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Five most recent topics
- Review of illegal killing of birds in Europe, the Arabian Peninsula, Iraq and Iran
- Yellow-breasted Pipit (Hemimacronyx chloris): uplist from Vulnerable to Endangered?
- Okarito Brown Kiwi (Apteryx rowi): Downlist to Vulnerable?
- White-winged Cotinga (Xipholena atropurpurea): downlist from Endangered to Vulnerable?
- Atlantic Royal Flycatcher (Onychorhynchus swainsoni): downlist from Vulnerable to Near Threatened?
- The Montserrat Oriole is no longer Critically Endangered January 20, 2017This article was first published in the December issue of BirdLife The Magazine. Subscribe via iTunes/Android to easily support our conservation work. With two thirds of its suitable forest habitat completely destroyed, the population of Montserrat Oriole Icterus oberi dramatically declined after a series of volcanic eruptions during the late 1990s, and suffered from the impact of invasive […]
- Berlin - Painting the town green! January 20, 2017On the eve of the annual ‘Wir habe es satt!!’ (‘We are fed up!’) march during Berlin’s International Green Week – when tens of thousands march for a new approach to farming – our Agriculture Policy Officer Thomas Quinn explains why, this year, it is more important than ever to tell the European Commission that […]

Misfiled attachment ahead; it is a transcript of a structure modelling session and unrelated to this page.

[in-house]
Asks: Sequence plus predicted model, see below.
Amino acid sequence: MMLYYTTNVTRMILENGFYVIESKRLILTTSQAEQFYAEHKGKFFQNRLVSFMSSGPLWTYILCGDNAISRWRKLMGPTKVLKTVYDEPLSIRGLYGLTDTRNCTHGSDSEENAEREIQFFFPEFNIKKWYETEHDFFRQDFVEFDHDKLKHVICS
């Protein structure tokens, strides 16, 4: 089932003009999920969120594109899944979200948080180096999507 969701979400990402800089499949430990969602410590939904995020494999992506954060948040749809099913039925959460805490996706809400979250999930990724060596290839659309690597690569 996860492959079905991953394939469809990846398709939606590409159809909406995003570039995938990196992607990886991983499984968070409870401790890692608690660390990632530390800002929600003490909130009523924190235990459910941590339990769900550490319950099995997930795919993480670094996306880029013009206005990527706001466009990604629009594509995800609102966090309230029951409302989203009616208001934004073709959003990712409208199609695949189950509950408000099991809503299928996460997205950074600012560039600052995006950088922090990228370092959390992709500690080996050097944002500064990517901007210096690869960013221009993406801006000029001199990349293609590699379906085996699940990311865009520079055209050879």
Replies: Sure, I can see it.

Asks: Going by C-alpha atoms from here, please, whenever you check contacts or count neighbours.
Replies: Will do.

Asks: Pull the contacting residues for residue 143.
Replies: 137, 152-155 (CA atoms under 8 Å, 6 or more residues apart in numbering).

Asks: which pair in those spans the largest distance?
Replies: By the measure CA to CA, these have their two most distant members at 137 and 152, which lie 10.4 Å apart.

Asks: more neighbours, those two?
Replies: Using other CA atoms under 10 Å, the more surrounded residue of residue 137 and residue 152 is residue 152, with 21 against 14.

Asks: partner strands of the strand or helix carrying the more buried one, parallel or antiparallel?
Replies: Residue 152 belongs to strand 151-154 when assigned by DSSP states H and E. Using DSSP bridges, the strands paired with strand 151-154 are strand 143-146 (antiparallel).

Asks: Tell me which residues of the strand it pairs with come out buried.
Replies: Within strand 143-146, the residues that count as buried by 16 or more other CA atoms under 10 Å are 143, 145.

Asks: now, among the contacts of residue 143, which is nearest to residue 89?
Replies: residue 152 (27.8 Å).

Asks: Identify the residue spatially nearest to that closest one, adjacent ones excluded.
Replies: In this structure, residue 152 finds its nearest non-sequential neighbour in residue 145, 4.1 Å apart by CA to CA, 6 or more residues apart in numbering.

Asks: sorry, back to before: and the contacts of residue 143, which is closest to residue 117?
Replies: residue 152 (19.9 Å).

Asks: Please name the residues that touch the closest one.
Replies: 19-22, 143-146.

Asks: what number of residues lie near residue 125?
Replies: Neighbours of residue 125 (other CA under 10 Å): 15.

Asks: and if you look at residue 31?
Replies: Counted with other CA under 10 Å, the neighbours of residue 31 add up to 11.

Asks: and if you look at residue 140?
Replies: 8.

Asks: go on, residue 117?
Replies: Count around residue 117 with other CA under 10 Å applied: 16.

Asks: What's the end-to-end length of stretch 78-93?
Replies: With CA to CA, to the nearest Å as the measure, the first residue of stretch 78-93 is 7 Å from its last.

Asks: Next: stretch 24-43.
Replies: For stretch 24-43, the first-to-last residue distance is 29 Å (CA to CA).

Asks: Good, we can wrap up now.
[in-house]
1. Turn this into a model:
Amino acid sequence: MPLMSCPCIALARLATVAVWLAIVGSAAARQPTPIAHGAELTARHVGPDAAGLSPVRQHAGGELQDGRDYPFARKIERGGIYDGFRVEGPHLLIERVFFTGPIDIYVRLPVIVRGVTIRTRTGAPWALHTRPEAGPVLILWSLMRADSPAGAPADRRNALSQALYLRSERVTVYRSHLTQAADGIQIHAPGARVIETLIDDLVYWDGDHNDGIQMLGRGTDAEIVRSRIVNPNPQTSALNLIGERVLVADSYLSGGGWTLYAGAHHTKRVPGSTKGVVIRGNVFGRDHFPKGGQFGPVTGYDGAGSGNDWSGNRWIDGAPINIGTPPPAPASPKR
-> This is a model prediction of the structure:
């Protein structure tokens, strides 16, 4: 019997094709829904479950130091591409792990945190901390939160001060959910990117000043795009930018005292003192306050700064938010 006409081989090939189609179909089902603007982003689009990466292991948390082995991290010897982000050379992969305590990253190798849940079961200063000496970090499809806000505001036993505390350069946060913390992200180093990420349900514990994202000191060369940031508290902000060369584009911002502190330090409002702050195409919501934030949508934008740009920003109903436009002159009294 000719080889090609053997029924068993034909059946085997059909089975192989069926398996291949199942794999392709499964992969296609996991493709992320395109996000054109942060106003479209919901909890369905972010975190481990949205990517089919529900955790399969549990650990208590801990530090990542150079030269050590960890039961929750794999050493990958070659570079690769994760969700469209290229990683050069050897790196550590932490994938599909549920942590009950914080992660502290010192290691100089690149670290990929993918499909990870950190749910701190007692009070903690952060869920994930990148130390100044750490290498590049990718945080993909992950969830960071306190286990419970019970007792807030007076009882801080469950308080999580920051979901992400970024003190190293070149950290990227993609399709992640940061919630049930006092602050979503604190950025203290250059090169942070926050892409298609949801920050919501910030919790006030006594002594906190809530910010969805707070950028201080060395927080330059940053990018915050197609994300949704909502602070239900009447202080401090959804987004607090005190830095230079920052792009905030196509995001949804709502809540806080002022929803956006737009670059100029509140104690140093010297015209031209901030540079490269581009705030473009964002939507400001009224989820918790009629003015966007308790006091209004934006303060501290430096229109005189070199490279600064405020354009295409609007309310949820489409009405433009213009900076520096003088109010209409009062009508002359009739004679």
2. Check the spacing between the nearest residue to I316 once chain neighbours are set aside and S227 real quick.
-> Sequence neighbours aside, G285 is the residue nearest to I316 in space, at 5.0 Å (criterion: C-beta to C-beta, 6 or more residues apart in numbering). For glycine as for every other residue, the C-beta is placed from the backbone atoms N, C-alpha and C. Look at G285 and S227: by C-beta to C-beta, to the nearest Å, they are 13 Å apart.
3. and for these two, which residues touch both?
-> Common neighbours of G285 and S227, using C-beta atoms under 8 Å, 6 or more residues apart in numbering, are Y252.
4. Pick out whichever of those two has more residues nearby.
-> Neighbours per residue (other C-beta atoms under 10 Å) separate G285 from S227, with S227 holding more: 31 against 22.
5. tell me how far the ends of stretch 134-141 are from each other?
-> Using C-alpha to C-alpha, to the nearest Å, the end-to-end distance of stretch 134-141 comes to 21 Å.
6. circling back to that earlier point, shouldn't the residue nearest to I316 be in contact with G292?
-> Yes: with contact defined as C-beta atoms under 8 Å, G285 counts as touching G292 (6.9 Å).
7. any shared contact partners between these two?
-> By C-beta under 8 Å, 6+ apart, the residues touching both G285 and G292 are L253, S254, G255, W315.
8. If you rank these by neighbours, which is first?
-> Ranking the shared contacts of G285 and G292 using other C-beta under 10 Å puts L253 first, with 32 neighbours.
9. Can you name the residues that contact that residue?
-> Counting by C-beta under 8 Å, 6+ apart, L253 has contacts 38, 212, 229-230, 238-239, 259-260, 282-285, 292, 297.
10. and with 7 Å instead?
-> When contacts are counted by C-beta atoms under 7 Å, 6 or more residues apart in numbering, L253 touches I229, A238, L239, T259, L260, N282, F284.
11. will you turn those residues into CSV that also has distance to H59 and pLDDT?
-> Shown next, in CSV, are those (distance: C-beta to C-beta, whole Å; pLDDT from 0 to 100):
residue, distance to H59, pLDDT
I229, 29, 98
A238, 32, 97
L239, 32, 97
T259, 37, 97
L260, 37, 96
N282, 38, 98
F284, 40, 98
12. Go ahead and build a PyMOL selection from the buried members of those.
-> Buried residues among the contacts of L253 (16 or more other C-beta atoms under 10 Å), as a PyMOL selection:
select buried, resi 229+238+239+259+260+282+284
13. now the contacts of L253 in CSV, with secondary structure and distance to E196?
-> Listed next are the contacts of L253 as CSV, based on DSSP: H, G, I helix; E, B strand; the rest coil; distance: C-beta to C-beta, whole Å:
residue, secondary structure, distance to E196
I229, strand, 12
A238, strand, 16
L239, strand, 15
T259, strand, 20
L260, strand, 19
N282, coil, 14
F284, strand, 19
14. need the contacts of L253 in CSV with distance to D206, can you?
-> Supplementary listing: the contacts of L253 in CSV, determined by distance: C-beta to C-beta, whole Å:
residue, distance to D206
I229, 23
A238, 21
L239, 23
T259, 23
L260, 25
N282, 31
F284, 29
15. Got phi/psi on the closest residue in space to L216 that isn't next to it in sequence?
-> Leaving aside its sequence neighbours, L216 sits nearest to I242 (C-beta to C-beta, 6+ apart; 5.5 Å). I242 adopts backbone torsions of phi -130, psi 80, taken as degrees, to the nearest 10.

- Major oil spill in Turkey; emergency teams deployed [PHOTOS] January 19, 2017A major oil spill is affecting coastal areas in western Turkey. Doğa Derneği (Birdlife Turkey) has deployed an emergency team of volunteers to help oiled wildlife. In the clear waters of Izmit Bay in western Turkey, a major oil spill is putting human health and marine biodiversity at risk. The spill occurred last Friday near […]
- The Montserrat Oriole is no longer Critically Endangered January 20, 2017
Tag Archives: Grey Crowned-crane
When this species was uplisted from Least Concern to Vulnerable in the 2009 Red List update, there was some evidence to suggest that declines may have exceeded a rate of 50% during the past three generations or 45 years (Beilfuss et al. 2007), but data were regarded as patchy and an overall decline of 30-49% was considered a more reasonable estimate. Overall estimates suggest that the species’s global population has declined from over 100,000 individuals in 1985 to 50,000-64,000 individuals in 2004 (Beilfuss et al. 2007). This implies that the species may have declined by over 50% in 19 years, and when these data are extrapolated to a period of 45 years in the past (1967-2012) or past and future (1985-2030), assuming an exponential trend, the calculated rate of decline is c.65-80%.